Being an academic, I closely monitored the elections in Sierra Leone, just like many others in my field. I took a keen interest in the campaign rallies, communication strategies, and cultural slogans of the two prominent political parties. In particular, I attended several gatherings of the ruling party, the Sierra Leone Peoples Party, in the capital city.

During these gatherings, President Bio consistently emphasized three major policy areas as the achievements of his government: human capital development, regaining international respect, and progress in the fight against corruption. He made a strong case for his re-election bid by highlighting these key points.

I noticed that whenever the President engaged in heated banter against his rivals, he seemed to be spurred on by an entourage surrounding the stage. This entourage consisted mostly of individuals from the President’s diplomatic, communications, and educational teams, who were working in sync with the President’s talking points. However, one notable absence was that of the young and dynamic leader of the Anti-Corruption Commission, Francis Ben Kaifala.

Barrister Francis Ben Kaifala conducted himself with remarkable professionalism and integrity throughout the election period. I observed that the Anti-Corruption Commissioner distanced himself from the President’s political platforms.

The last public interaction between the President and Barrister Kaifala took place at the opening ceremony of the Integrity House, where the cameras captured moments of mutual respect between the two gentlemen.

During the Integrity House event, I was surprised to hear the charismatic lawyer and human rights activist speak about public policy instead of engaging in politics. He could have easily used that opportunity to endorse the President, who had allowed him to serve Sierra Leone.

Moreover, the Anti-Corruption Commissioner had a substantial following on social media, providing him with a platform to rally his supporters and make an endorsement. However, he chose to take the high road, injecting English humor into his posts on voting without making any explicit political statements.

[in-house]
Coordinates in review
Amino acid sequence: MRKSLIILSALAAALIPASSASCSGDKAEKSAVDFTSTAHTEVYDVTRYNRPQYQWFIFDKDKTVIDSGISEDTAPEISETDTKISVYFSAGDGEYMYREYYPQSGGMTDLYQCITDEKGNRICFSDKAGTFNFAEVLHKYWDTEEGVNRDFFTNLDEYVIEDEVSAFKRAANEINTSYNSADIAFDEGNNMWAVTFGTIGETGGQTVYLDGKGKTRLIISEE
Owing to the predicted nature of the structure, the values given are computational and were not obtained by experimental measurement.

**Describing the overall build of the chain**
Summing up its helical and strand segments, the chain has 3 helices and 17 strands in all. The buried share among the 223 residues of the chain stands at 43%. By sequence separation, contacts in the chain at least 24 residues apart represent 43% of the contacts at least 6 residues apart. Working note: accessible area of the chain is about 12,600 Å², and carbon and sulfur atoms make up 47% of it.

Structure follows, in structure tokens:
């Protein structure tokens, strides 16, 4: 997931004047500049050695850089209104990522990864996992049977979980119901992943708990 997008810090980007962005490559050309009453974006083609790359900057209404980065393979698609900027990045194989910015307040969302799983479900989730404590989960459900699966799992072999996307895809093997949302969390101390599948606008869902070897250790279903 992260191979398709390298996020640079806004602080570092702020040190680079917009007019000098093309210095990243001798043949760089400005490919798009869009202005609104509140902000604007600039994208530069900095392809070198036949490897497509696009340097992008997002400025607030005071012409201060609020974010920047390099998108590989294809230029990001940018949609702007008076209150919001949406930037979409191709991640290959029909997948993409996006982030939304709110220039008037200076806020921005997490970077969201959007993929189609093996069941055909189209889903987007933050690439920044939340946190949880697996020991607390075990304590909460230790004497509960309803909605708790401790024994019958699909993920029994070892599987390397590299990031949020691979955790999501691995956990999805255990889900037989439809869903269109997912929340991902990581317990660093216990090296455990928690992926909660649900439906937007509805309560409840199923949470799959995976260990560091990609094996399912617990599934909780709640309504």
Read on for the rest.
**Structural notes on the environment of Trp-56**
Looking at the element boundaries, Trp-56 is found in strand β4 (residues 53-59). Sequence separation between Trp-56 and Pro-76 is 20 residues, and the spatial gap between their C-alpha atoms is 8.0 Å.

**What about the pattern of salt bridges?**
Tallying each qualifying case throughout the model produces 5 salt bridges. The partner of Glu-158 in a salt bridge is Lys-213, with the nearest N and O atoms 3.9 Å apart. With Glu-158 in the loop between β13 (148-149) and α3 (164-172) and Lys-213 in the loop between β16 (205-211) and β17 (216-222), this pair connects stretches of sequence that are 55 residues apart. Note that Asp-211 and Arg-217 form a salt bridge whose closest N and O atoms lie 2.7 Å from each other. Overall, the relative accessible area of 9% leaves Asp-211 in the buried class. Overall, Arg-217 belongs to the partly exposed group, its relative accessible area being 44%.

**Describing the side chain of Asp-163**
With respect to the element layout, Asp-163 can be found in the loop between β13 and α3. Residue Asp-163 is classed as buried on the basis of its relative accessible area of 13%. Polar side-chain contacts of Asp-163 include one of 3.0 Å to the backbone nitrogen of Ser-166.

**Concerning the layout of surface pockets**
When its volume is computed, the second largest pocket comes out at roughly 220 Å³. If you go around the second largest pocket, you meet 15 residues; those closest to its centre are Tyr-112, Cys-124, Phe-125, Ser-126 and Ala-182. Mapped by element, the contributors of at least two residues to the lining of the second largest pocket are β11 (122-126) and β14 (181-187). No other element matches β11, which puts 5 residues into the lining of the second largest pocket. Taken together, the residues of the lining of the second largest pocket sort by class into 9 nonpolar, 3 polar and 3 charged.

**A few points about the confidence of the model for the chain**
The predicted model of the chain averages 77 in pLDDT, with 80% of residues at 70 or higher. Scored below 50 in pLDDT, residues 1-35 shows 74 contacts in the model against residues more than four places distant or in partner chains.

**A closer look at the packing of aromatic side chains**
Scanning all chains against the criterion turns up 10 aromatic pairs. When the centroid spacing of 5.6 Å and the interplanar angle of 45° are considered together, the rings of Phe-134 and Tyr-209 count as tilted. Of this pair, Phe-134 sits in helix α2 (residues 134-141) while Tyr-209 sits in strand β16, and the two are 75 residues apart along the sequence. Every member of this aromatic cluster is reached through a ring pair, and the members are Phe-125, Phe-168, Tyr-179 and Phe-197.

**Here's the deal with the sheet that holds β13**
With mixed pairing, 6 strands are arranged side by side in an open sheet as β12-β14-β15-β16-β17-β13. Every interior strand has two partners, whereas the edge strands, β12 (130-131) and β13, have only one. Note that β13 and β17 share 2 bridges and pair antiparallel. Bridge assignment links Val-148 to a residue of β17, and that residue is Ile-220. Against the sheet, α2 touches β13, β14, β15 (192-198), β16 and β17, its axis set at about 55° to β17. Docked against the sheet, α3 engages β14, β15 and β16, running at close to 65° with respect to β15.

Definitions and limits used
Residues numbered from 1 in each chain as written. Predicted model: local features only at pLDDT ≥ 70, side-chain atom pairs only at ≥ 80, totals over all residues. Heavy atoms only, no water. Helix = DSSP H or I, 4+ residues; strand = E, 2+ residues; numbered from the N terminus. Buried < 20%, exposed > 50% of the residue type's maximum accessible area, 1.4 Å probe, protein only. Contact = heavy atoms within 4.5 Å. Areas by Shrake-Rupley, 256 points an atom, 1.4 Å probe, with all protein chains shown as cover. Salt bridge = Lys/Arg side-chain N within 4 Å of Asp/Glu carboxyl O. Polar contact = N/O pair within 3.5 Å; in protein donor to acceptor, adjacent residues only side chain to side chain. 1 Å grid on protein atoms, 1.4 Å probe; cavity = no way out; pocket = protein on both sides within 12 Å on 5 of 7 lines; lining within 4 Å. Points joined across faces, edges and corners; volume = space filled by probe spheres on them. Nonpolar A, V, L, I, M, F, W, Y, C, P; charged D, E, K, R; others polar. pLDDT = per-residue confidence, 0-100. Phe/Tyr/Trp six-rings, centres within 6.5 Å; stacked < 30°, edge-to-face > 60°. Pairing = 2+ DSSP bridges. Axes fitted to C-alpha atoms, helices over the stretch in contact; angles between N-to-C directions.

Within the social media groups of the anti-graft agency, Barrister Kaifala discouraged his staff from sharing sensitive political content. This was a departure from the past, where I had witnessed key figures of the Anti-Corruption Commission openly endorsing and supporting politicians. Such actions undermined the Commission’s credibility during those times.

The Commissioner’s personality permeated throughout the Commission. The records speak for themselves: an increase in staff numbers, improved global indexes, successful recoveries, active policy, and public engagements, international exposure trips, indictments, and the recent construction of the Integrity House. These achievements serve as indicators of success.

I want to take a moment to express my congratulations and appreciation to Francis Ben Kaifala for his re-appointment as Commissioner of the Anti-Corruption Commission of Sierra Leone. I am confident that he will continue to build upon the successes of his first term.

The last video I saw of him was when he visited President Bio at the President’s Lodge to congratulate him on his re-election victory. His conduct during this period can serve as a blueprint for public servants in positions that require a demonstration of political neutrality.